Snow and frigid cold  descended upon the Midwest for what is going to be called the Blizzard of 2014.  But sometimes a weather emergency brings out the best in people to help shelter people or to help dig out a neighbor. Unfortunately, a blizzard might erase those efforts as additional snow, high winds and subzero cold continue to afflict the Midwest.

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Blue-collar temp jobs could be dangerous

A groundbreaking 2010 study of Washington state’s workers’ comp claims found that temp workers in construction and manufacturing had twice the claims rate of regular workers doing the same type of work. theconversation.com photo

By Michael Grabell, Olga Pierce and Jeff Lawson, ProPublica

Working as a “blue-collar temp” in the manufacturing and construction industries might be one solution to earning money while waiting for another job to come through or maybe with the hope of the temp job turning into a full-time position.  Although both concepts could be true, there is an underlying danger in taking manufacturing or construction blue-collar temp jobs.  In a report by ProPublica,  it is revealed that some industries are placing profit over safety for the temp workers.  To read the article, link here.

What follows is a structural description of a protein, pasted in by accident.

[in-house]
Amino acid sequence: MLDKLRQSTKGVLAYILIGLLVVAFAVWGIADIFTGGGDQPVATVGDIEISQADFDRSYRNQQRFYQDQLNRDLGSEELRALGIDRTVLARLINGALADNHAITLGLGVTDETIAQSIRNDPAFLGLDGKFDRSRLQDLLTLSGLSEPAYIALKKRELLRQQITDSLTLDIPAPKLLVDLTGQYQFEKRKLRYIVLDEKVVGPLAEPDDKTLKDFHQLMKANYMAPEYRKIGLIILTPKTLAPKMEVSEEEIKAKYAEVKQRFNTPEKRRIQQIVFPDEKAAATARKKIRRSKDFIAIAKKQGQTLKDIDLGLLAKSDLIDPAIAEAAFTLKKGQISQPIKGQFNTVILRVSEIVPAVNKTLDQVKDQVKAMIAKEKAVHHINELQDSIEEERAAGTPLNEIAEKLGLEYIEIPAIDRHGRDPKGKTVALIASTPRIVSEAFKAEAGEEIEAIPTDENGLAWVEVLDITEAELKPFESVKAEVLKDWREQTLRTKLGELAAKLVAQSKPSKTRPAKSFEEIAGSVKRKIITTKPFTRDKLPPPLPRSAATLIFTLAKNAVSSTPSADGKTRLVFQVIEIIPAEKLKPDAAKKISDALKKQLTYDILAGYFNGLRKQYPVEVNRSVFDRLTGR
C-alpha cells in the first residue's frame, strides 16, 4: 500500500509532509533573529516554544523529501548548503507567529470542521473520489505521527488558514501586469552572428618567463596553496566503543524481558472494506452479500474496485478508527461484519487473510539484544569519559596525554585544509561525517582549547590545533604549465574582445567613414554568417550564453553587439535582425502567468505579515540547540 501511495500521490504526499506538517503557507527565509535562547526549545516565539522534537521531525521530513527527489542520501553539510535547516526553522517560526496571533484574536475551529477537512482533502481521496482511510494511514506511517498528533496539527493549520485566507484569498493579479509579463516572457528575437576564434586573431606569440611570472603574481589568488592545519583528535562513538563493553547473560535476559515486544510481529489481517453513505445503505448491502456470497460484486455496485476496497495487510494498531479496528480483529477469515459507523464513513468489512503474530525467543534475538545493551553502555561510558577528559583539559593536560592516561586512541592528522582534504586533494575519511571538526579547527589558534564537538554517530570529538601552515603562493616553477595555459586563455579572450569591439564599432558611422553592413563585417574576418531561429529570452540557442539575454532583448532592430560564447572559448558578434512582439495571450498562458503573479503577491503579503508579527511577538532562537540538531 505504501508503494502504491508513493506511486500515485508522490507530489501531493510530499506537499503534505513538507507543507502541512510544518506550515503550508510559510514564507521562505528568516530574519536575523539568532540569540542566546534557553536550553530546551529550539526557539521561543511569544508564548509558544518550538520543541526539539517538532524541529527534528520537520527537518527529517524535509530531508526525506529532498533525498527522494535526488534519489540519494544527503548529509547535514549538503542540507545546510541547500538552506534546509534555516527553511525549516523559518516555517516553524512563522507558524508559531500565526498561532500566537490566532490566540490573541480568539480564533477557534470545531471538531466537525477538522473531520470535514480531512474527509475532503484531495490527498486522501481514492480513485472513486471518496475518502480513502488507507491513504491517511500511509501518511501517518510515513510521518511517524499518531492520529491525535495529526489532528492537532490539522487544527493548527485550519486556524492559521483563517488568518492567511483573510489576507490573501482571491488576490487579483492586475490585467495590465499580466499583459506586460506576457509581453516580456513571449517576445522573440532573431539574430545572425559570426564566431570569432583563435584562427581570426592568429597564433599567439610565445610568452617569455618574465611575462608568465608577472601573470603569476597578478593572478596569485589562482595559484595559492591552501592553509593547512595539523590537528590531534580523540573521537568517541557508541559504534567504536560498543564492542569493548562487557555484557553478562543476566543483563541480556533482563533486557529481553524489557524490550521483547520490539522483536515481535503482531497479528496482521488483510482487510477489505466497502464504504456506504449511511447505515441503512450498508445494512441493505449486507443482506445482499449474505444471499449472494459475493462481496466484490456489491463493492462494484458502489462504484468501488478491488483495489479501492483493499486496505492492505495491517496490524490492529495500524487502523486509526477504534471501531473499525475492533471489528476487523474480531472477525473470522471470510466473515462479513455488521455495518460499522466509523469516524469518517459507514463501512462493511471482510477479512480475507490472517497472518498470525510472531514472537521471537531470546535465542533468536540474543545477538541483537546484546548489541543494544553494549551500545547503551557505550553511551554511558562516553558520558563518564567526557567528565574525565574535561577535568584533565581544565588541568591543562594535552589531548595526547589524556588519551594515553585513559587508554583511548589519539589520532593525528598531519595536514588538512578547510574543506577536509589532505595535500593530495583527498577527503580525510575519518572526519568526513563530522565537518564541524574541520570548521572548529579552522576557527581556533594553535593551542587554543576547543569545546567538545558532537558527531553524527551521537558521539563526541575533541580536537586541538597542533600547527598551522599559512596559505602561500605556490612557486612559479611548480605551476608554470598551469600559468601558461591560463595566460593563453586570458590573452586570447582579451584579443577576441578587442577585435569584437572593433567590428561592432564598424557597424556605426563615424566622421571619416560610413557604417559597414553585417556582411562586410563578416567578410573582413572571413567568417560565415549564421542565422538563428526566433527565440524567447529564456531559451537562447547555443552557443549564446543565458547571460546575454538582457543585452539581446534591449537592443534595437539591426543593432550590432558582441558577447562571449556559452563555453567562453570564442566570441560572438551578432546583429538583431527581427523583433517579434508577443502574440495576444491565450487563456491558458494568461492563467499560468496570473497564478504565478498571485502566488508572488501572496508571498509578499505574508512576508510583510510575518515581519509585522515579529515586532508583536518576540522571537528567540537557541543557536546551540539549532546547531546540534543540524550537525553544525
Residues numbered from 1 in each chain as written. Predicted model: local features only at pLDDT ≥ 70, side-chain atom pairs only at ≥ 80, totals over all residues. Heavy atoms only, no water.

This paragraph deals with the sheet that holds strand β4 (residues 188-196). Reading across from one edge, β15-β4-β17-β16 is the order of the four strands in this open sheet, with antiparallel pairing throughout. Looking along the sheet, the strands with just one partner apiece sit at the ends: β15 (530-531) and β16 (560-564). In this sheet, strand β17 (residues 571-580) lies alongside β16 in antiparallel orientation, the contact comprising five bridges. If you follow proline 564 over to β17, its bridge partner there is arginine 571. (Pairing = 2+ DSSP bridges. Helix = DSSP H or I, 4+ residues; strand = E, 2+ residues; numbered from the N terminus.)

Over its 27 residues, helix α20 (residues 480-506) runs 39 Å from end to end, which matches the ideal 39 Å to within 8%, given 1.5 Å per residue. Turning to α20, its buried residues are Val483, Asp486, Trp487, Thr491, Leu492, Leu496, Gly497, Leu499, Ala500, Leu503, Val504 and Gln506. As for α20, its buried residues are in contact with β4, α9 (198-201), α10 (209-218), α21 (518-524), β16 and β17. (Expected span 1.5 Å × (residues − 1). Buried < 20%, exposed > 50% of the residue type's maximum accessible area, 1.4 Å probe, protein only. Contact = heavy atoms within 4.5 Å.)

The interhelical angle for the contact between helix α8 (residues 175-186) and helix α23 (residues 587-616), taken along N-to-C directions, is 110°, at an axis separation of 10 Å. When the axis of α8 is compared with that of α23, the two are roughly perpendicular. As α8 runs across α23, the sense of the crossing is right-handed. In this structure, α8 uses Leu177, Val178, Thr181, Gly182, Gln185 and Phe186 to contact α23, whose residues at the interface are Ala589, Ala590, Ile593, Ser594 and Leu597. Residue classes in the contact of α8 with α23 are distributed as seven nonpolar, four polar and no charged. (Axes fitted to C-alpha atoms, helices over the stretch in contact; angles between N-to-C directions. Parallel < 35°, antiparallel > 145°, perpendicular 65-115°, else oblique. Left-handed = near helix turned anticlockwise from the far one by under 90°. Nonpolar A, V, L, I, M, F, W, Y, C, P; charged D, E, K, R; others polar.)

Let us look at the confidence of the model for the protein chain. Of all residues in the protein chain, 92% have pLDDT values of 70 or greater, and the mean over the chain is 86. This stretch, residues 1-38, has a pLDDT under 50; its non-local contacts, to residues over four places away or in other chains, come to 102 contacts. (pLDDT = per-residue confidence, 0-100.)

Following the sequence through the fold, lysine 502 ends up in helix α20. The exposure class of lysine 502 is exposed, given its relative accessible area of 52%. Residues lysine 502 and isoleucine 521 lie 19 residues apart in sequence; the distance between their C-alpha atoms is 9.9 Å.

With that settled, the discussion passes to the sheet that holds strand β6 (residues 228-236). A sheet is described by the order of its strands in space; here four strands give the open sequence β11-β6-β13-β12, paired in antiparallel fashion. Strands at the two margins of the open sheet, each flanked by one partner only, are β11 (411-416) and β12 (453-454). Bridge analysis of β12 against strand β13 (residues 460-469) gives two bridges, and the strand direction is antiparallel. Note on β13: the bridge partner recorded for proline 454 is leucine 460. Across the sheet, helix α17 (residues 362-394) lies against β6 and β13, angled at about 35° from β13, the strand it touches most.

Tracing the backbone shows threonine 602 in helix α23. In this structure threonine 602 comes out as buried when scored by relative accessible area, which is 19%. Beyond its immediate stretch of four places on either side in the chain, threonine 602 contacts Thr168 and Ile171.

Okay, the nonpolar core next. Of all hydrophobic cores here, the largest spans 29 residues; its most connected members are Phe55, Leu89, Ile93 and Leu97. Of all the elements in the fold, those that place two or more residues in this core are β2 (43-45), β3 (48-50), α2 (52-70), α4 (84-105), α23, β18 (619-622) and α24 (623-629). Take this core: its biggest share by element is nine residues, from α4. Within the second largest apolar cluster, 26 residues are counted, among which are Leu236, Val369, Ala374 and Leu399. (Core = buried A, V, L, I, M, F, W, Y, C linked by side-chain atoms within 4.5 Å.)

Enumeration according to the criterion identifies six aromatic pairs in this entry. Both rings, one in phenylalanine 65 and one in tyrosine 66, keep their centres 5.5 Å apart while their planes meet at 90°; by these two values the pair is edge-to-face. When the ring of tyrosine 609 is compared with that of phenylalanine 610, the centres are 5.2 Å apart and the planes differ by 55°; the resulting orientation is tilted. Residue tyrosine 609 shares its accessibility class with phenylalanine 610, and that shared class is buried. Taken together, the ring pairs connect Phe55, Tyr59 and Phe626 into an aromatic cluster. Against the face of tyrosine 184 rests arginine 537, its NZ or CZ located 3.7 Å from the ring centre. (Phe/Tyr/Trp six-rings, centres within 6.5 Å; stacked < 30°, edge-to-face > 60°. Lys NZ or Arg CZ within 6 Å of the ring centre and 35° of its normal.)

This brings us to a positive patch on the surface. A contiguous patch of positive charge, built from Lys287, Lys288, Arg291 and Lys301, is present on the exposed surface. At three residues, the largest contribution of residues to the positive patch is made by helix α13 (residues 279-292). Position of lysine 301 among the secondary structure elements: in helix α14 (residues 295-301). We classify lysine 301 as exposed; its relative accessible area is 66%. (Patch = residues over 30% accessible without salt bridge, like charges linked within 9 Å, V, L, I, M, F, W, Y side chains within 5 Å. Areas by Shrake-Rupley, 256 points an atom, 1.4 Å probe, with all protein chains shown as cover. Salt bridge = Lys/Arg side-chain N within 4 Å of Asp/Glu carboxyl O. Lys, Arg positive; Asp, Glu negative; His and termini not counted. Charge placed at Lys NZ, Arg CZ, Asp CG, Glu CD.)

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Government shutdown delayed mine safety inspections

- SurvivingTimes.com staff report

After the 2010 mine explosion at the Upper Big Branch Mine in West Virginia., killing 29 miners, the U.S. Department of Labor’s Mine Safety and Health Administration has cited tens of thousand citations, issued hundreds of impact warnings and recently initiated an immediate withdraw order in November at one of the state’s 12 mines.

Many October and November safety inspections were curtailed due to the federal government shutdown.

During a Nov. 21 impact inspection at Maple Coal Co.’s Maple Eagle 1 Mine in Fayette County, W. Va., the following violations and issues initiated an immediate withdraw order to fix the hazards that could potentially cause catastrophic injuries or fatalities to miners, stated a MSHA press release.

  • 20 – foot crack in the mine roof at a belt feeder where miners regularly travel
  • Area of loose roof strata 60 feet long and up to 8 feet wide where miners were at risk of being struck by falling rock
  • Violating the approved roof control plan and failing to install needed roof supports
  • An operator was also cited for a loose coal rib approximately 24 feet long that was cracked and separating from the solid wall
  • An operator did not properly construct or complete several overcasts, or enclosed airways used to maintain ventilation, in several entries
  • An operator failed to maintain intake airways clear of combustible materials and allow water to accumulate in one of the entries